Vet Check with Keira the Bobcat

ZooAmerica is home to more than 200 animals native to the continent of North America. As a recently re-accredited zoo by the Association of Zoos and Aquariums (AZA), our team maintains high animal welfare and care standards. We partner with the Animal Hospital of Dauphin County to provide our animals with the utmost expert love and care.

One of the ways that our veterinarian ensures high-quality health care is by doing routine health exams just like your doctor does. Many of our residents get a routine annual examination.

Back in November of 2021, one of our Naturalist staff noticed that Keira, our loving, elderly bobcat, was consistently limping on her back left leg. Thankfully Keira has a great relationship with her trainers and allowed them to get an up-close examination which revealed no superficial wounds. Our vet then explained that the limping could be a sign of arthritis due to Keira's age. The average lifespan of a bobcat in the wild is 5-15 years, and Keira will be turning 24 in May of 2022.

Keira received a daily dose of fish oil to help with her joints; cosequin and gabapentin were later administered daily. Her trainers also started training her to do various behaviors recommended by our vet to help stretch and relieve pain in her joints. Between physical therapy and medications, we saw remarkable improvement with her limping. 

However, at the end of January 2022, our Naturalist staff found that Keira was not putting weight on her front right leg. After careful examination, her care team discovered that some of her claws were ingrown. This can happen in older animals, especially those with arthritis, as it becomes too difficult to move their limbs to scratch and wear down their nails. Symptoms can also get worse in colder weather. Normally, Keira would wear down her own claws on natural items like logs, similar to a house cat wearing down its claws on a scratching post! As a result of Keira’s arthritis, she would need some help from our vet staff.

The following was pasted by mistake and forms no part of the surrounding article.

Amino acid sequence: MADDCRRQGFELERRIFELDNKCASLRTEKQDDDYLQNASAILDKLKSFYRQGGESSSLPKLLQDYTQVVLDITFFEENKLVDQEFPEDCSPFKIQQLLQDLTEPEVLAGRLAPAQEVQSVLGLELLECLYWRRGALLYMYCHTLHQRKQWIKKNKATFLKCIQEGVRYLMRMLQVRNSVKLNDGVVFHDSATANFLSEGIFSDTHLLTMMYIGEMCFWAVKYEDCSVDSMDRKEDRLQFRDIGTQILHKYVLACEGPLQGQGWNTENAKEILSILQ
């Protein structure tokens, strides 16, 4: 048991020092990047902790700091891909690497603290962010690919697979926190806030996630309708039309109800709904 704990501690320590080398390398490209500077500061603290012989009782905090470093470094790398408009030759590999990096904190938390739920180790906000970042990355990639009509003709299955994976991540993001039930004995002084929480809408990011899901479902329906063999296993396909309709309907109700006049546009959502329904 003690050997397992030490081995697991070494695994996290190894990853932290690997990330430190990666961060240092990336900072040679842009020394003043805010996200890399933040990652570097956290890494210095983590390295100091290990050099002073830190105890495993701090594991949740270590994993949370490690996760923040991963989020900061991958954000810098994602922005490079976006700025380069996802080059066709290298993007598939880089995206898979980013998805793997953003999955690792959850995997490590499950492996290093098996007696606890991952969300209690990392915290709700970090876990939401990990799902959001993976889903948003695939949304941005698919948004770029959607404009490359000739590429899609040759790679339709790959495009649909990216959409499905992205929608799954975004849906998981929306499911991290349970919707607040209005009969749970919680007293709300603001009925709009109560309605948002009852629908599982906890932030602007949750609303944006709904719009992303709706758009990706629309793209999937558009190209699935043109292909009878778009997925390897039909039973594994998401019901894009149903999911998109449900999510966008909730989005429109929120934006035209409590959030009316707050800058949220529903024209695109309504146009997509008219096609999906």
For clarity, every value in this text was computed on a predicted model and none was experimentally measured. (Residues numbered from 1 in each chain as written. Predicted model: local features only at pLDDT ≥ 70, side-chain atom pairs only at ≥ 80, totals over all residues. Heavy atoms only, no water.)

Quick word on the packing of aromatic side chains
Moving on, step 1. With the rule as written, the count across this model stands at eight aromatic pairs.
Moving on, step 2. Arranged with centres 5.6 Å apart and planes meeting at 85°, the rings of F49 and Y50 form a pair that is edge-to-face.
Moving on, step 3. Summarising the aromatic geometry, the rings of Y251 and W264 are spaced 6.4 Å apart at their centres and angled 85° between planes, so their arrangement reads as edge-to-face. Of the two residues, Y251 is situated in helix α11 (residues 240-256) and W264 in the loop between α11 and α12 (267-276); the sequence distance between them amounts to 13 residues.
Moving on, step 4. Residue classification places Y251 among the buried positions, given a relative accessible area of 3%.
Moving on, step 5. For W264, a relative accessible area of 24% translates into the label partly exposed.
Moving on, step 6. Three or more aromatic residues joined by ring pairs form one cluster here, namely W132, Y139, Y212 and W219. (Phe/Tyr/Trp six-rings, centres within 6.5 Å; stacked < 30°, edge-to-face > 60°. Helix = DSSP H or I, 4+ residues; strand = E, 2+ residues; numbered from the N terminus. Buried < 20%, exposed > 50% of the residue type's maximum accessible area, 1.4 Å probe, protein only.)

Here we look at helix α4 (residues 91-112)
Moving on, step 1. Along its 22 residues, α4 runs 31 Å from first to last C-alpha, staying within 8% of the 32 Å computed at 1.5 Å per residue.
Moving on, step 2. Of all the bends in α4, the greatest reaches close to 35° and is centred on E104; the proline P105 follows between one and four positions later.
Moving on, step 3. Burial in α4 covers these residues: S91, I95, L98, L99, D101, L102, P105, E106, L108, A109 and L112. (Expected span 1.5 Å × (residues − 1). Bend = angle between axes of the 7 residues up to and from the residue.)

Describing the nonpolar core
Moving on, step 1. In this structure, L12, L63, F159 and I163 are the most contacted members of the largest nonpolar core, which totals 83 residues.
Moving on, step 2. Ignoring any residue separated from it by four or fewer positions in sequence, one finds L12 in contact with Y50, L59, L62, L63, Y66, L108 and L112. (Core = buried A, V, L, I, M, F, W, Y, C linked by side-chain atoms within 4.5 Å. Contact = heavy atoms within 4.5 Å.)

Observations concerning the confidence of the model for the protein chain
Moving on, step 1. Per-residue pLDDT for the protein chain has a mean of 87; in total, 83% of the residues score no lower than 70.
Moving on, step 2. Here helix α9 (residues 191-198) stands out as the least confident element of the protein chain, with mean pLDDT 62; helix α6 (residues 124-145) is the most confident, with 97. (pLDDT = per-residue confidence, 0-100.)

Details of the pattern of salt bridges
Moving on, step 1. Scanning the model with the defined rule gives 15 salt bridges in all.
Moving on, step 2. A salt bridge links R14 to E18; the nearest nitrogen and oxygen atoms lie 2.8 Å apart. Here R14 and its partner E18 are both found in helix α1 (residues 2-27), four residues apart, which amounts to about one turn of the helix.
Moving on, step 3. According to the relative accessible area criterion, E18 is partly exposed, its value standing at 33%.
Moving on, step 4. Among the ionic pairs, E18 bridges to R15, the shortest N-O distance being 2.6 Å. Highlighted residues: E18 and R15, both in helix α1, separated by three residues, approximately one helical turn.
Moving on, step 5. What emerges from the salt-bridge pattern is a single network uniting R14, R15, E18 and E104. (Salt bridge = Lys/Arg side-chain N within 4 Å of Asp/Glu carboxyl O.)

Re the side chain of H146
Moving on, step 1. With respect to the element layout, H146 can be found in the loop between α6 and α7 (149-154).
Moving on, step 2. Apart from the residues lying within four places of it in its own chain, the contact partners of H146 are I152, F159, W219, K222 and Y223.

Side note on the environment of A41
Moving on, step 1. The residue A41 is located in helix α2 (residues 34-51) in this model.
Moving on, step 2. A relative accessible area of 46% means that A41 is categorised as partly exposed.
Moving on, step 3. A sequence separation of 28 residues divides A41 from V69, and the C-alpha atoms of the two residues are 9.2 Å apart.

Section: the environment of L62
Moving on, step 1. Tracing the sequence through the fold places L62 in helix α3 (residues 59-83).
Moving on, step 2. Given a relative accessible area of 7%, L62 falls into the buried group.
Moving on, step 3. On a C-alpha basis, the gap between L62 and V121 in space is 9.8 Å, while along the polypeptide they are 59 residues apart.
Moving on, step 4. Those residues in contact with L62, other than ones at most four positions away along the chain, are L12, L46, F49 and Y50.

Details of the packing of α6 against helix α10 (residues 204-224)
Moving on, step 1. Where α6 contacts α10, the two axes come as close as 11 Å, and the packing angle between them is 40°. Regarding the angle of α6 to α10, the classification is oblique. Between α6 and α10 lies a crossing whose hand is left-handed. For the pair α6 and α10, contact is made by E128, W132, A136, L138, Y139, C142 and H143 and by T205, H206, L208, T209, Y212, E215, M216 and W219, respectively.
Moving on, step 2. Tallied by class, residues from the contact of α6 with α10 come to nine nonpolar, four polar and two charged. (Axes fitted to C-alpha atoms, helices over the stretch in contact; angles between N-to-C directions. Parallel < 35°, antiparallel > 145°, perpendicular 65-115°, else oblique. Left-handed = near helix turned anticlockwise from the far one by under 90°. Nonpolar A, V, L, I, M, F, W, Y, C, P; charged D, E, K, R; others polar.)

In order to safely do a nail trim on Keira, she had to be anesthetized in her den. Once deemed safe, she was taken into our medical building, where she had a complete work up done. She had her nails trimmed, was weighed (she is 20.6 pounds!), had her teeth and eyes looked at, had bloodwork done, and was given x-rays to help the vet see the arthritic areas. The medical staff could instantly pull up the x-rays on the computer to see precisely where Keira was hurting most. X-rays showed that Keira had arthritis in her lower back and elbows. Due to this discovery, one of the vets injected a shot to act as an extended pain reliever. This can be done in geriatric patients like Keira to help reduce inflammation, thus reducing pain. 

After the procedure, Keira was transported back to her den, and the vet administered the sedation reversal. Staff continued to watch Keira for the rest of the day to ensure she was comfortable and had a good recovery. By the next morning, Keira was back to her usual loving self and was seen snuggling with her 13-year-old daughter, Fuzzy.